After the highs come the crippling lows: When the Olympic dream becomes a nightmare

Tokyo is playing host to 11,019 athletes over the course of these two weeks and only 1,017 medals have been minted. Do the math.
After the highs come the crippling lows: When the Olympic dream becomes a nightmare

Jack Woolley is distraught after he was eliminated in taekwondo, describing his performance as poor. Picture: INPHO/James Crombie

How many times have we heard an athlete describe the Olympics as a dream? What of the reality? The majority who make it that far will never come close to a podium or know what it is to stand there on the highest step and listen to your national anthem as the flag is run up a pole.

There are elite and there are elite. Tokyo is playing host to 11,019 athletes over two weeks and only 1,017 medals have been minted, all made from recycled products including old mobile phones. Do the math.

Everyone’s experience will vary. There will be silver medallists despondent at failing to finish one step higher on their particular ladder, and athletes finishing last in their heats and for whom that is a lifetime achievement in itself.

It’s a dichotomy that was obvious in the narrower confines of Team Ireland’s Tokyo Games on Saturday afternoon when, in the space of less than an hour, Jack Woolley’s hopes of a medal in taekwondo shuddered to an early and unexpected end and the ambitions of our three road cyclists came up short.

Woolley was desolate, the pain and bewilderment etched on his face as he spoke to reporters about his opening round loss to the Argentinian Lucas Guzman. It was a brutally raw moment for Wooley, for those asking the questions, and for anyone tuning in from home.

“I walked in today and something just didn’t click, it just wasn’t my day,” said the 22-year old. “It’s sport, isn’t it? No one expected me to lose that, nobody anticipated my performance to be as poor as it was. Coming from a small country, for some people just qualifying for an Olympics is good enough. Not for me.”

Woolley missed out on a place at the 2016 Games by a whisker. He digested that and steeled himself to another four-year diet of training and travelling and striving that became five. He spoke of sitting on the couch at home in Tallaght come Monday and taking in the rest of the Olympics with his gold medal draped around his neck.

His dream was contorted into a nightmare in mere minutes. Moments, even, Guzman’s last strike on the stroke of the bell turning a narrow lead into the most agonising of defeats. Across town, in western Tokyo, it was taking hours — over six to be exact — for things to turn against Dan Martin, Nicholas Roche and Eddie Dunbar.

The three Irishmen had a plan and executed the vast majority of it. Dunbar described it as a “super” team performance, words echoed by his teammates with Roche acting as a facilitator for the others who just didn’t manage to latch onto the leaders when push came to shove.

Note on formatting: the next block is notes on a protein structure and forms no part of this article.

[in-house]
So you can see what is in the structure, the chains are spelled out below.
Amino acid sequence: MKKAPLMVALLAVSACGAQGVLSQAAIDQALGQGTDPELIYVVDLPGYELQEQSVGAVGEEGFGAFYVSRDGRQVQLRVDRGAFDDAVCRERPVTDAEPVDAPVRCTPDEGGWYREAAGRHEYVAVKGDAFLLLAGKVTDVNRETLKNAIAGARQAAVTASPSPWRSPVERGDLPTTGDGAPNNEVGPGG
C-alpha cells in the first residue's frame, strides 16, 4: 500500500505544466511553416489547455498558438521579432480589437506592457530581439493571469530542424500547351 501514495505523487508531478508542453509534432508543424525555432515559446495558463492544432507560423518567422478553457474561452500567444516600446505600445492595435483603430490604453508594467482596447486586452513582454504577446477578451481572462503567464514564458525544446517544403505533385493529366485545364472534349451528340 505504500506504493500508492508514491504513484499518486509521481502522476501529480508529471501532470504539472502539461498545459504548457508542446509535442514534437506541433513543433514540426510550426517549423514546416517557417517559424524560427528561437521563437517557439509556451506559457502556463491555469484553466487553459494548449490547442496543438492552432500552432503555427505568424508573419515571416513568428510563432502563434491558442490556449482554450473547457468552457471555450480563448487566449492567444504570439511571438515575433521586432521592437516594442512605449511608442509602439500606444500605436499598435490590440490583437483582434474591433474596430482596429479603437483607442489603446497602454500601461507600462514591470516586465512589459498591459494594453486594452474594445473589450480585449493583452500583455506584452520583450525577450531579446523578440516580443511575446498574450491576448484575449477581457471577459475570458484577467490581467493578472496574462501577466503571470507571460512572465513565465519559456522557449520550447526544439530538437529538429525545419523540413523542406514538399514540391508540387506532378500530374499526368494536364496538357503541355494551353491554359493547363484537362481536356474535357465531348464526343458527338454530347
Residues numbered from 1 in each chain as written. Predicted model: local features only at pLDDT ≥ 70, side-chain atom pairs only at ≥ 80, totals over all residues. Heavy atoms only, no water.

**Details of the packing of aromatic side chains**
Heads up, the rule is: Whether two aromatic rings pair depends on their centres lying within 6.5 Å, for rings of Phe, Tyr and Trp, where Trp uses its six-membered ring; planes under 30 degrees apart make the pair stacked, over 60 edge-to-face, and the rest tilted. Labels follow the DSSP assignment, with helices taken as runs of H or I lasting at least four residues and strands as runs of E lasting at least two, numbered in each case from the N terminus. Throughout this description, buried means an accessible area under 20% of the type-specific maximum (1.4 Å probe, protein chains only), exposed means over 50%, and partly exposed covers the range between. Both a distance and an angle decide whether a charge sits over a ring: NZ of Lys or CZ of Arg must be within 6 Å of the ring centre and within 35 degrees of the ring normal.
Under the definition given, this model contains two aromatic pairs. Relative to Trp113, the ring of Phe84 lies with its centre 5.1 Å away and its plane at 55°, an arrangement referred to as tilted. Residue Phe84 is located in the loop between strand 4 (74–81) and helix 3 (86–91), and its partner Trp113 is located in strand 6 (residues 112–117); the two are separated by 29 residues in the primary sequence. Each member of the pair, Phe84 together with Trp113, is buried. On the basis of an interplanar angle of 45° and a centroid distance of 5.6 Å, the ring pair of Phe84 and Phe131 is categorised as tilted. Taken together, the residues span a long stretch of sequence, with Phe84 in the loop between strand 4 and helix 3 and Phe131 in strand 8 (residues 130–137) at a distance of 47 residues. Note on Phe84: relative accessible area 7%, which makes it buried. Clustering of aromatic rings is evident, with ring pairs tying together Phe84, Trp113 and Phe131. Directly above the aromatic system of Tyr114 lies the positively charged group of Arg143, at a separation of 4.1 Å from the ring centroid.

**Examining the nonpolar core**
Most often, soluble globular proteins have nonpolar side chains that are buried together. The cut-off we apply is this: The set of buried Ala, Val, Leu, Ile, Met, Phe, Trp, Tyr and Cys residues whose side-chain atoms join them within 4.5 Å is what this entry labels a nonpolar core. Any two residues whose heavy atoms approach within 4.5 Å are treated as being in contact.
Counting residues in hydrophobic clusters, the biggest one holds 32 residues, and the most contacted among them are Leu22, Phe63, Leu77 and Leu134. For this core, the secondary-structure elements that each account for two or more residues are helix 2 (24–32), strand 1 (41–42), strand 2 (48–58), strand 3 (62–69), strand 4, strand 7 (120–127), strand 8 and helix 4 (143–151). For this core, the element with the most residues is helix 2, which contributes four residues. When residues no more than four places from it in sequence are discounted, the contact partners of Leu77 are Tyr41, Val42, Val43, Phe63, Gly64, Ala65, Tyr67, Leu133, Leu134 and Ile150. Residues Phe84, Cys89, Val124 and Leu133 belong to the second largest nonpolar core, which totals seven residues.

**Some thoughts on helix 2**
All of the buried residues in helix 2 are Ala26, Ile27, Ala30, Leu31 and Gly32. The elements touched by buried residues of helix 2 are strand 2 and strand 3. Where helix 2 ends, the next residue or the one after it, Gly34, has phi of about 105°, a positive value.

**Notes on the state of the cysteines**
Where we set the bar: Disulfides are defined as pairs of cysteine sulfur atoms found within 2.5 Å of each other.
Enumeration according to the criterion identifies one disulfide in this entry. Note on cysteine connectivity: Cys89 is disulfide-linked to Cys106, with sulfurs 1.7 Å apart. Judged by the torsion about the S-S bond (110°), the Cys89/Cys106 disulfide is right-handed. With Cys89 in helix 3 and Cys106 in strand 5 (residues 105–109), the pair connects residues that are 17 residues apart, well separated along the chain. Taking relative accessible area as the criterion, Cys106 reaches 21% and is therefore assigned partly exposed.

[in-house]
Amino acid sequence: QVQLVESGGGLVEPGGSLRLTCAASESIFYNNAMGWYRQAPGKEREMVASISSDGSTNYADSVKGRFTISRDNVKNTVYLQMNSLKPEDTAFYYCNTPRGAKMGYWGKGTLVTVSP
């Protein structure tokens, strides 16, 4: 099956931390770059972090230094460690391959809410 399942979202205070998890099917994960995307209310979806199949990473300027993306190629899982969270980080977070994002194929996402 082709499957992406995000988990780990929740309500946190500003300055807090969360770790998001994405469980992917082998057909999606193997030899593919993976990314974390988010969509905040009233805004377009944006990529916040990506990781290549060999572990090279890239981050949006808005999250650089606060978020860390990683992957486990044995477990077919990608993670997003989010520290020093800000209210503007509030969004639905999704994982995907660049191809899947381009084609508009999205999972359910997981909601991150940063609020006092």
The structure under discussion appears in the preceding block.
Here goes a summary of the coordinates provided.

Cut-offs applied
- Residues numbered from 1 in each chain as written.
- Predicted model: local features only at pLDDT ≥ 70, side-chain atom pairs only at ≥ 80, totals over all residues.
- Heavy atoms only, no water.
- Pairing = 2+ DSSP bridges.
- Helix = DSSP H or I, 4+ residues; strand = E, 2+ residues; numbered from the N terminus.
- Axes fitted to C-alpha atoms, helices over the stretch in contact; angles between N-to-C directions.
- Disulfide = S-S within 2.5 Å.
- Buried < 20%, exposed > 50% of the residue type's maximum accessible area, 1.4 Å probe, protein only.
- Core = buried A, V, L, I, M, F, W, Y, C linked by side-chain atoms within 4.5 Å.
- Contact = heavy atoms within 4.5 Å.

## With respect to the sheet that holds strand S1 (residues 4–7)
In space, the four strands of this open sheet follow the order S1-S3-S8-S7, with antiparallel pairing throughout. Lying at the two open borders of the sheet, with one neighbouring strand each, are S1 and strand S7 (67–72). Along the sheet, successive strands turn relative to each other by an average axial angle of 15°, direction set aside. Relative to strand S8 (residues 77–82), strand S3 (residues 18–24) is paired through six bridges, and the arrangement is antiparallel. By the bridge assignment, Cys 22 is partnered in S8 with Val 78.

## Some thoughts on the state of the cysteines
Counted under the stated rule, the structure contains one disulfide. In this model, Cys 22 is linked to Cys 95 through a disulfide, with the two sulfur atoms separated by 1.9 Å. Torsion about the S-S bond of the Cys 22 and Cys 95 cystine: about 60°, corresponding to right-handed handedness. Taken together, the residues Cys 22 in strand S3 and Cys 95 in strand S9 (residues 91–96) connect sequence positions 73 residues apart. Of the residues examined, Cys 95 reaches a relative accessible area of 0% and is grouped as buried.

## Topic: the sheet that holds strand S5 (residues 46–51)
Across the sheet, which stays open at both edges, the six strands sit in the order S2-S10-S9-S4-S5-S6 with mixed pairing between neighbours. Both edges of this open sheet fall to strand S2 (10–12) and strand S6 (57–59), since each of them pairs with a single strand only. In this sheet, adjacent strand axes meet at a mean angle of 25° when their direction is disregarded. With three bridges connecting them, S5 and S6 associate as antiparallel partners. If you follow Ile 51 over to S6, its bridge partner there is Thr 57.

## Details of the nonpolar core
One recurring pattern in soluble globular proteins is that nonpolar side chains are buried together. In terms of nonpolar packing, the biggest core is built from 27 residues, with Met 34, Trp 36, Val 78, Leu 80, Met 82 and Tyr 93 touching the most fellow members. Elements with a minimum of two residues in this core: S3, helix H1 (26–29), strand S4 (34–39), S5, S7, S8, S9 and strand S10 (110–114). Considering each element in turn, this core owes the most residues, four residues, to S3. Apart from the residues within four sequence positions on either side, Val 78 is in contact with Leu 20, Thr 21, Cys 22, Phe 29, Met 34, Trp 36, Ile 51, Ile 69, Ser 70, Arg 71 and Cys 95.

“It didn’t pay off,” said Dunbar. “It’s one of those things, that’s one-day racing. You normally only have one bullet and when you use it that normally races over. But I thought it was a great day for us, Dan finished in the top 20, so great day, and a good ride by all of us in the green jersey.”

Disappointed, yes, but no sense of shock or bewilderment.

How do you assimilate the kind of letdown that Woolley felt on Saturday? Where do you start in picking apart the threads of five years’ work undone in a handful of minutes? Some athletes will have engaged with sports psychologists prior to the event, giving airtime to the possibility of failure. Others wouldn’t countenance such a thing.

Jessie Barr has seen the Olympics from the inside as part of the women’s 4x400m relay team that failed to advance from their heat at the 2012 Games in London. Now a sports psychologist, she has been working with members of Team Ireland for some time and is part of the Team Ireland staff here in Tokyo. Part of her brief now and in the weeks and months to come will be working with athletes whose results did not match their own expectations or — and this is a large part of this picture — the expectations of a media and public that tends to turn an intense spotlight on them after four years of general indifference.

“They may have qualified 40th and then they’re berated because: ‘I thought they were good, I’m seeing them everywhere, but she didn’t even make a final’. And that can be really challenging because the expectations don’t match up to what the athlete’s capabilities are,” Barr said pre-Games.

“If they’re finalist potential and they don’t, OK, it’s a disappointment and these things happen, but a lot of athletes are going out there and it’s not that they’re making up numbers, they may have just been at the level where they are just qualifying. Does that mean they’re a failure? Absolutely not. Getting to an Olympics is really, really hard.”

The rest of us can move on. Turn to the other channel, move on to the next big thing.

Every athlete returning from Tokyo will take months, in some cases years, to fully assimilate their time in Japan. For some, this will be a swansong. Others will be hoping to absorb the hurt and the lessons and come back better.

For them, the Games won’t end with the closing ceremony.

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